There aren’t many events that showcase all the premiere dance troupes on Florida A&M University’s campus while also promoting student unity. This is why the fourth annual Dance-Off on Thursday at 7 p.m. is such an electrifying event.
“I think it’s going to be different than other showcases. It’s entertaining, but also dedicated to dance,” said Vadoline Ivy, a second year MBA candidate from Lakeland, Fla., who is working on the planning committee for the event.
Founded in 2002 by Arian Reed, a FAMU graduate who also founded the Michigan Club’s Faking Da Funk event, Dance-Off has become a staple on FAMU’s campus.
Dance-Off is a joint event hosted by the Beta Alpha Chapter of Delta Sigma Theta Inc., the freshman class and the sophomore class. The object is to showcase the premiere dance talents on FAMU’s campus, particularly those new to the campus.
This year the line-up for the “Dance-Off” includes Divas, Mahogany, Vibrance Dance Unit, Essence, Boyz of Poison, House Arrest II, Elite and Torque. These groups are competing for a grand prize of $350 and the title of best dance group in Tallahassee.
“This is healthy competition and it helps the dance groups strive to become a better troupe. It also helps bring the mystery about who is the best dance troupe to an end,” said Gallop Franklin, 18, a first year pharmacy student from Tallahassee.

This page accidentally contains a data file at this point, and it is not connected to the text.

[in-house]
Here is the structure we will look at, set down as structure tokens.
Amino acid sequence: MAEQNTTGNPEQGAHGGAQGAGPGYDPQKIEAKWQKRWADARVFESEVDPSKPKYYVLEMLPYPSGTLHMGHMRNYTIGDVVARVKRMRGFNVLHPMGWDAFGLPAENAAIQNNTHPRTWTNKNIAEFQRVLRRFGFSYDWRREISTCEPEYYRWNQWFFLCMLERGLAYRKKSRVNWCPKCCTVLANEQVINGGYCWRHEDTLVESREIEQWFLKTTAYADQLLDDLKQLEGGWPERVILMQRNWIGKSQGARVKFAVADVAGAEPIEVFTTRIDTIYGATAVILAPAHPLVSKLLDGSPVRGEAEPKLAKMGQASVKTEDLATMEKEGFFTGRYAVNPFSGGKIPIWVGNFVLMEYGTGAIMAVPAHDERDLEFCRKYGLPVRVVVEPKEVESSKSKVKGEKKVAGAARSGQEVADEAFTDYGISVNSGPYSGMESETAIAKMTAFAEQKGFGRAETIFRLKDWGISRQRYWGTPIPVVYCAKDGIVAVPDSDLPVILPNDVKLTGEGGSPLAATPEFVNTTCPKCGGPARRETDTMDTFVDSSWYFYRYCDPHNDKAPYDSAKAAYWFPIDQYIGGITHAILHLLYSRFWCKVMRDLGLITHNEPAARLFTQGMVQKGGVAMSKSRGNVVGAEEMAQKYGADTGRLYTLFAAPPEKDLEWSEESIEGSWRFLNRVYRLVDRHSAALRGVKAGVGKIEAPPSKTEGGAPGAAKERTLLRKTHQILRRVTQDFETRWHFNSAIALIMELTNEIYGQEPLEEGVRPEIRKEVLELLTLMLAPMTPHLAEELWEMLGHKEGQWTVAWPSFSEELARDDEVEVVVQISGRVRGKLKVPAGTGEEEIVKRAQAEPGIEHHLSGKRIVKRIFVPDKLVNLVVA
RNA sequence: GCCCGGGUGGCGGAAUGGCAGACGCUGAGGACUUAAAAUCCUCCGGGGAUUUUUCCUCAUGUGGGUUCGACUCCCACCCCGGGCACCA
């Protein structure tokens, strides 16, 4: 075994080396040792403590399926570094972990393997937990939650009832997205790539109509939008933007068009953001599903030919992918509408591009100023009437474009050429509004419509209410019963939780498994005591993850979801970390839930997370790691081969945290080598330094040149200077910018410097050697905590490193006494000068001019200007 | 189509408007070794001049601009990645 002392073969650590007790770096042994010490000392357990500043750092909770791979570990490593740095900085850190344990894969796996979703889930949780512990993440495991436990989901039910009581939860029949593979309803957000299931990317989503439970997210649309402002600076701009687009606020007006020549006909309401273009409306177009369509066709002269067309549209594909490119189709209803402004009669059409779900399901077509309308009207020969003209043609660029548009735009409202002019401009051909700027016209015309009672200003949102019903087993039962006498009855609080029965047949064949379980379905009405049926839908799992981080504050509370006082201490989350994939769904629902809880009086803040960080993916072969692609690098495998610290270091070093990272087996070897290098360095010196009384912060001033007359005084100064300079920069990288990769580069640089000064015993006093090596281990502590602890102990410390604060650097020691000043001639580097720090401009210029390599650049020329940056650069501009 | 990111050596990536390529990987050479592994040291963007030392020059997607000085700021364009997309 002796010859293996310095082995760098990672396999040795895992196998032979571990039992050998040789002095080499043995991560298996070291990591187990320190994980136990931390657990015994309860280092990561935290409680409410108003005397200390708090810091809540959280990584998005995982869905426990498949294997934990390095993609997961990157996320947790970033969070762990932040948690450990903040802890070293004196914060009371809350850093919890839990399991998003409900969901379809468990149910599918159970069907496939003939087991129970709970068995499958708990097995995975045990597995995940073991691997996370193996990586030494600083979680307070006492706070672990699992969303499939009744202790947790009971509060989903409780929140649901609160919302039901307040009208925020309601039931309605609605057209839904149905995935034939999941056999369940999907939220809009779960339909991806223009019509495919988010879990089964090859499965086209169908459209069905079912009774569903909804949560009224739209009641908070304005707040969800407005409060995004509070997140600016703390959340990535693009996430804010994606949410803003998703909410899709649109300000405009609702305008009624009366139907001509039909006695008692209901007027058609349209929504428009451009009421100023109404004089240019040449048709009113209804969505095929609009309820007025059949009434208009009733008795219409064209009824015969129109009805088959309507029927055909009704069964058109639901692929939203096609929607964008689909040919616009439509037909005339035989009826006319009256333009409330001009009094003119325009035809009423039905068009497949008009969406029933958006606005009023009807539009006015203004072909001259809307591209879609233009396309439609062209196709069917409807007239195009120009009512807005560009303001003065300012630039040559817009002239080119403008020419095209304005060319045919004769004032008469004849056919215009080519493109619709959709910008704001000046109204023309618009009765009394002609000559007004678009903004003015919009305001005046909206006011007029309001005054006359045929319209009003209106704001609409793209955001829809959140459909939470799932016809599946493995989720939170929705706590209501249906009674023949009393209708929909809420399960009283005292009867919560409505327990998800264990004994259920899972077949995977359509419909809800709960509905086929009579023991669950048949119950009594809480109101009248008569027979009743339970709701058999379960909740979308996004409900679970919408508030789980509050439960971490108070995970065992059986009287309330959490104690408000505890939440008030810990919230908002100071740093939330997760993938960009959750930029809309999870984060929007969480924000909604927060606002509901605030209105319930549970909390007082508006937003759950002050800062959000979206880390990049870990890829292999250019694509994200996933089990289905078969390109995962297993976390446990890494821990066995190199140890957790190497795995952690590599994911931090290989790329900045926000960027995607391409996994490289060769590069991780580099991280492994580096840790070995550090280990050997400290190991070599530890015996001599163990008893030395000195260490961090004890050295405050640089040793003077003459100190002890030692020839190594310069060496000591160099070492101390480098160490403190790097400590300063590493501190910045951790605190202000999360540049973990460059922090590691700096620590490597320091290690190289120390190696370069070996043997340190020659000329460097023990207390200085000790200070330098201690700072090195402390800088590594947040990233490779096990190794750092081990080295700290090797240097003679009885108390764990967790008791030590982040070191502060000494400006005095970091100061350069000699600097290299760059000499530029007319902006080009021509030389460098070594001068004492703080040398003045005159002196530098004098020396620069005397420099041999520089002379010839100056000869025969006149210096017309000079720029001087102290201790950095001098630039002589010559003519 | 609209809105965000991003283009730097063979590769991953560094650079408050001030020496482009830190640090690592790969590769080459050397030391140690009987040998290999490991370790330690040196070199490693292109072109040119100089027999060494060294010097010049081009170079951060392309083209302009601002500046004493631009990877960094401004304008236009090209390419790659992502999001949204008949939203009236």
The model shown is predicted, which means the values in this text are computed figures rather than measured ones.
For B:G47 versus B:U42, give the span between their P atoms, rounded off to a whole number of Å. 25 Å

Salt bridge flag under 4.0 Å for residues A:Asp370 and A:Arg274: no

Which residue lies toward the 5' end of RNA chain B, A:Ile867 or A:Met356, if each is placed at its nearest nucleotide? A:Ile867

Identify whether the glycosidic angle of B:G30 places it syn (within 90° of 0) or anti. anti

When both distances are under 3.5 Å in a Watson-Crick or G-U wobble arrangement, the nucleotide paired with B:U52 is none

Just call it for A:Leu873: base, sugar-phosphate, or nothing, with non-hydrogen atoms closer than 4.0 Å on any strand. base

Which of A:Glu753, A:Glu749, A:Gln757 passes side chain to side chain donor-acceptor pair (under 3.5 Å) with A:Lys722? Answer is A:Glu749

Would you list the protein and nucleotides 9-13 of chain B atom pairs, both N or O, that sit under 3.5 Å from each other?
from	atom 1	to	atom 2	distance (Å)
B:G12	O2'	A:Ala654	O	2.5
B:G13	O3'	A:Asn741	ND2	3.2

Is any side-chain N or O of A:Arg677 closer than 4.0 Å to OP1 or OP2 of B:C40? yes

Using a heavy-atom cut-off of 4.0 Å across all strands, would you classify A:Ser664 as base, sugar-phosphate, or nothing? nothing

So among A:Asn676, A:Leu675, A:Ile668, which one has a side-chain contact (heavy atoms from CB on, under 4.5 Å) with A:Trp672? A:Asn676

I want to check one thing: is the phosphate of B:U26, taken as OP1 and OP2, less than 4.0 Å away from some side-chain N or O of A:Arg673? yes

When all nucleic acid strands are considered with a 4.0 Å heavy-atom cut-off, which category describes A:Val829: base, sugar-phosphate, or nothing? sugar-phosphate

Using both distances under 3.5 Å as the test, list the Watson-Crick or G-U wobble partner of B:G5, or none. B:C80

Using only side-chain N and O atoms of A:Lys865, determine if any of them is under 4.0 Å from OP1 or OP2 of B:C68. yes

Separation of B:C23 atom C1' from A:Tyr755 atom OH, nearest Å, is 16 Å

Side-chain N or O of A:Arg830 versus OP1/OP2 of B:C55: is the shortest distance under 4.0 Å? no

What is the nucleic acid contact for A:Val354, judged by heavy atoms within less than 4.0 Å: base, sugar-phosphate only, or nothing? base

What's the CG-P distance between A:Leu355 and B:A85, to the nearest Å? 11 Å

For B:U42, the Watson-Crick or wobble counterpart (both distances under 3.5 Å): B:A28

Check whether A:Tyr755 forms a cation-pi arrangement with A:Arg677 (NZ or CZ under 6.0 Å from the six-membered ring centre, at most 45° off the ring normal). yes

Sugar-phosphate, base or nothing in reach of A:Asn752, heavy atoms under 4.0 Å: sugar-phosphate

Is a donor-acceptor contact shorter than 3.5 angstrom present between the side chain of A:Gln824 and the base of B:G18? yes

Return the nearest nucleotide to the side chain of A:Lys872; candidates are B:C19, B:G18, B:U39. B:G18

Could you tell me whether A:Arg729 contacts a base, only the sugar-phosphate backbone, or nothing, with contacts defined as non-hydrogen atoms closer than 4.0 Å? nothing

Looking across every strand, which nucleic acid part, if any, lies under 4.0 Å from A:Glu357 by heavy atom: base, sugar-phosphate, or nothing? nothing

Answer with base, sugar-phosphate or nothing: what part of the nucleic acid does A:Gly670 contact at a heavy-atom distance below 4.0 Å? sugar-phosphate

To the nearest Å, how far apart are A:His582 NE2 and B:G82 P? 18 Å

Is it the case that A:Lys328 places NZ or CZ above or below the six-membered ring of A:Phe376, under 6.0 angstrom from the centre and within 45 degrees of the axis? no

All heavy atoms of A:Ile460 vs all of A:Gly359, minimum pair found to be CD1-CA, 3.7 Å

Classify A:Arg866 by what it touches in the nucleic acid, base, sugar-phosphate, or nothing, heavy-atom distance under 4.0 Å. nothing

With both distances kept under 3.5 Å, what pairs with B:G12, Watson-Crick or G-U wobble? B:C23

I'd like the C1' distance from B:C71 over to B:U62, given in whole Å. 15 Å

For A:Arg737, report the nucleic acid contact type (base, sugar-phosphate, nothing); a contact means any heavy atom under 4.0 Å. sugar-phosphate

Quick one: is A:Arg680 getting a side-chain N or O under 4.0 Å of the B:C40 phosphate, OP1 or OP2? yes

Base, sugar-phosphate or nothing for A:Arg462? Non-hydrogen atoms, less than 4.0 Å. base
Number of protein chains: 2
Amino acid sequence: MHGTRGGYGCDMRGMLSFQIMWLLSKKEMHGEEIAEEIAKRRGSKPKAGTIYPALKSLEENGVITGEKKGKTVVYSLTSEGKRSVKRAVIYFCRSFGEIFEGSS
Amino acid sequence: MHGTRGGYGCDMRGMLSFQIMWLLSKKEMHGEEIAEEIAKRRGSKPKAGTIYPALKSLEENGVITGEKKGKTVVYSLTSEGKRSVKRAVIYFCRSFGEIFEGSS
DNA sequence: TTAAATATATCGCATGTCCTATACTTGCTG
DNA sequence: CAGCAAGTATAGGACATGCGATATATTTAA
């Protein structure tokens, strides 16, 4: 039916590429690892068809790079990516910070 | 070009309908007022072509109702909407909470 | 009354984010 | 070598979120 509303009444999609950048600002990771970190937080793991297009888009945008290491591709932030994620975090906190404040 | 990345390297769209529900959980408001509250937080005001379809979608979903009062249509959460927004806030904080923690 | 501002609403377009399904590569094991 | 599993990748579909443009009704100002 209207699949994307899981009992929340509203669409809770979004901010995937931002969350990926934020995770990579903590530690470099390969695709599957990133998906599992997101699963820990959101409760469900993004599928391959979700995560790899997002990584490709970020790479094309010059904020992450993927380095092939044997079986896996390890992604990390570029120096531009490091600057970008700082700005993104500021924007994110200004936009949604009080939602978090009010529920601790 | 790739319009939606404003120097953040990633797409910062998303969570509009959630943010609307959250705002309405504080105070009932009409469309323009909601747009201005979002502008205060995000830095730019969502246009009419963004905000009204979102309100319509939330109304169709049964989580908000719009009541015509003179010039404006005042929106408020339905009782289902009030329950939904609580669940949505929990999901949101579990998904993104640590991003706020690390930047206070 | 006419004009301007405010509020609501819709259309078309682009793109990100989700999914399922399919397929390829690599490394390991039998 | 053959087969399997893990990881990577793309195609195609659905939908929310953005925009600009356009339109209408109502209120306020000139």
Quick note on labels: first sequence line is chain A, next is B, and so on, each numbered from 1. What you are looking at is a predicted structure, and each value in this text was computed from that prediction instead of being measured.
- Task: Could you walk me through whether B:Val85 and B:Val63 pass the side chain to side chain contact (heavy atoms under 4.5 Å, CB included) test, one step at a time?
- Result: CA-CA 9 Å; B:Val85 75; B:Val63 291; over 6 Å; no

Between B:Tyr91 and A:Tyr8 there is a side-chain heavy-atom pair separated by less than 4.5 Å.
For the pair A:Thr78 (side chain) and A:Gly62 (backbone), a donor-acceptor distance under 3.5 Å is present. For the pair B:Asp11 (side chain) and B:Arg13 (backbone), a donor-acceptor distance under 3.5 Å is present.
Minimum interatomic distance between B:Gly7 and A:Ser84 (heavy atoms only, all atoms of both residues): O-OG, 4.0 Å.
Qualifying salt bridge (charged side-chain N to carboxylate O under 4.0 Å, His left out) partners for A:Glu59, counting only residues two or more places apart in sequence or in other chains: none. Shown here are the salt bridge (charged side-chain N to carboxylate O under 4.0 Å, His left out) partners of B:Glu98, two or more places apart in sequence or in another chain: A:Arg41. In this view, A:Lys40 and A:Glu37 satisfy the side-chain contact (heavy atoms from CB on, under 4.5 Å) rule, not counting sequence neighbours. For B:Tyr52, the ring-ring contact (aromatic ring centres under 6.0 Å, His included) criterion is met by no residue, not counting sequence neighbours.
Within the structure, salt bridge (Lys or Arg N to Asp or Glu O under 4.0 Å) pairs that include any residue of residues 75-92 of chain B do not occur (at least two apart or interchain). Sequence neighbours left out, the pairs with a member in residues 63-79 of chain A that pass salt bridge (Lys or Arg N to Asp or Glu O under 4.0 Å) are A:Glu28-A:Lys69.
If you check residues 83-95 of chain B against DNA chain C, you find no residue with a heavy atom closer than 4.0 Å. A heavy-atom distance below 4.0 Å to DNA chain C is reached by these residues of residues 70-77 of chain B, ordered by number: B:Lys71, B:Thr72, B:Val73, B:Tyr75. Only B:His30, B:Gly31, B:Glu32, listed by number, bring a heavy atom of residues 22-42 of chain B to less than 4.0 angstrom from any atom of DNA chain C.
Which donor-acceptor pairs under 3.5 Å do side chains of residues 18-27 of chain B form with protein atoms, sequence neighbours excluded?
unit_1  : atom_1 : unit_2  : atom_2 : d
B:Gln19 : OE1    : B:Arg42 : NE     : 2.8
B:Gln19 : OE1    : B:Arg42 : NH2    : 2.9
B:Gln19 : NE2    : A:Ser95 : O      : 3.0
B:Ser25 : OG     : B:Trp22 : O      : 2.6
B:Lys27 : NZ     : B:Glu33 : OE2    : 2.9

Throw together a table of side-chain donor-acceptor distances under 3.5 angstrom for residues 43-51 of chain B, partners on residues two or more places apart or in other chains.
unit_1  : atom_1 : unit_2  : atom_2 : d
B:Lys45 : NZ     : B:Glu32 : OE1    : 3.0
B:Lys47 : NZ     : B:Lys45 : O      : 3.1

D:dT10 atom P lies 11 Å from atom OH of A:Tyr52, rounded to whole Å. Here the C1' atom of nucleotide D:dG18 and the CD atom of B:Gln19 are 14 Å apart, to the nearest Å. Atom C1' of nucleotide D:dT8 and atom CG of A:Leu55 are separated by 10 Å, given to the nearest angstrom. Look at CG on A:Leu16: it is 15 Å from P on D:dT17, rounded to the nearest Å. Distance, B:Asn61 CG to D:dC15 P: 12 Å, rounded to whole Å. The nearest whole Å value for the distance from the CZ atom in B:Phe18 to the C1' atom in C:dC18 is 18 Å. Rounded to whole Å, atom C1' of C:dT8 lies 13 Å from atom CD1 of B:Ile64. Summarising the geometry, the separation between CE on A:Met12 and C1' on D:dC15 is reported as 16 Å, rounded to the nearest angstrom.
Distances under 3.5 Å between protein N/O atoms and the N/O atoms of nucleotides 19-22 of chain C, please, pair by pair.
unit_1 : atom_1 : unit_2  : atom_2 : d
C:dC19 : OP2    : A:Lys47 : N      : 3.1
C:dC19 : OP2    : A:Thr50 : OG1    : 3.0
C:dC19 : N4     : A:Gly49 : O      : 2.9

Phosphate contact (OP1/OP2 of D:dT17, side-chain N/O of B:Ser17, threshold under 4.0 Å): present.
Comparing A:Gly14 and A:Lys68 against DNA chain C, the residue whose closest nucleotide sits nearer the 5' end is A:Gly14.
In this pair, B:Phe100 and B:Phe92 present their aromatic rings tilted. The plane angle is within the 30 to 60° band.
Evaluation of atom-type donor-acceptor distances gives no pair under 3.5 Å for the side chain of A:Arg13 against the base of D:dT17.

Cherlise Forshee, 20, a third year business administration student from Miami, said she is honored to take part in an event that promotes artistic expression and focuses on the different aspects of dance.
The all dance showcase gives troupes a chance to perform dances that wouldn’t be possible in other venues.
“It’s the only showcase on campus that’s all dance, it makes the dancers step it up a little because they know other dance groups are there,” said Michael Carter, 21, a fourth year accounting major from Miami, who is a member of the Strikers, which won’t be in the showcase because of a scheduled performance in New York.
Doneesha Dixon, a third year business administration student from Orlando, said that regardless of whether it’s a competition or not, her organization always makes sure each performance is better than the one before.
“Our goal is to entertain the crowd,” Dixon said.
Others are excited about the collaboration between the freshman class, the sophomore class and the Beta Alpha Chapter of Delta Sigma Theta Inc.
“There is a good representation of everybody putting the event together,” said Bethany Jones, 19, a second year engineering student from Houston, Texas, who is the co-chair of this event.
“Dancers that don’t often get recognized will have an opportunity to show their talents,” said Lamar Myers, 21, a second year business administration student from Titusville, Fla. and president of the sophomore class.
This exposure gives students new to FAMU a chance to see what their school has to offer.
“It’s a good way to find out about what troupes are on campus and students may discover their own talents,” Dixon said. “They will be exposed to the diversity of dance. Some people may not be able to do ballet or modern dance but may find they like hip-hop dance.”
Carter said the ultimate success of this event is that 10 percent of all proceeds go toward a dance team program in the Tallahassee area.
Contact LaToya Russell at email@example.com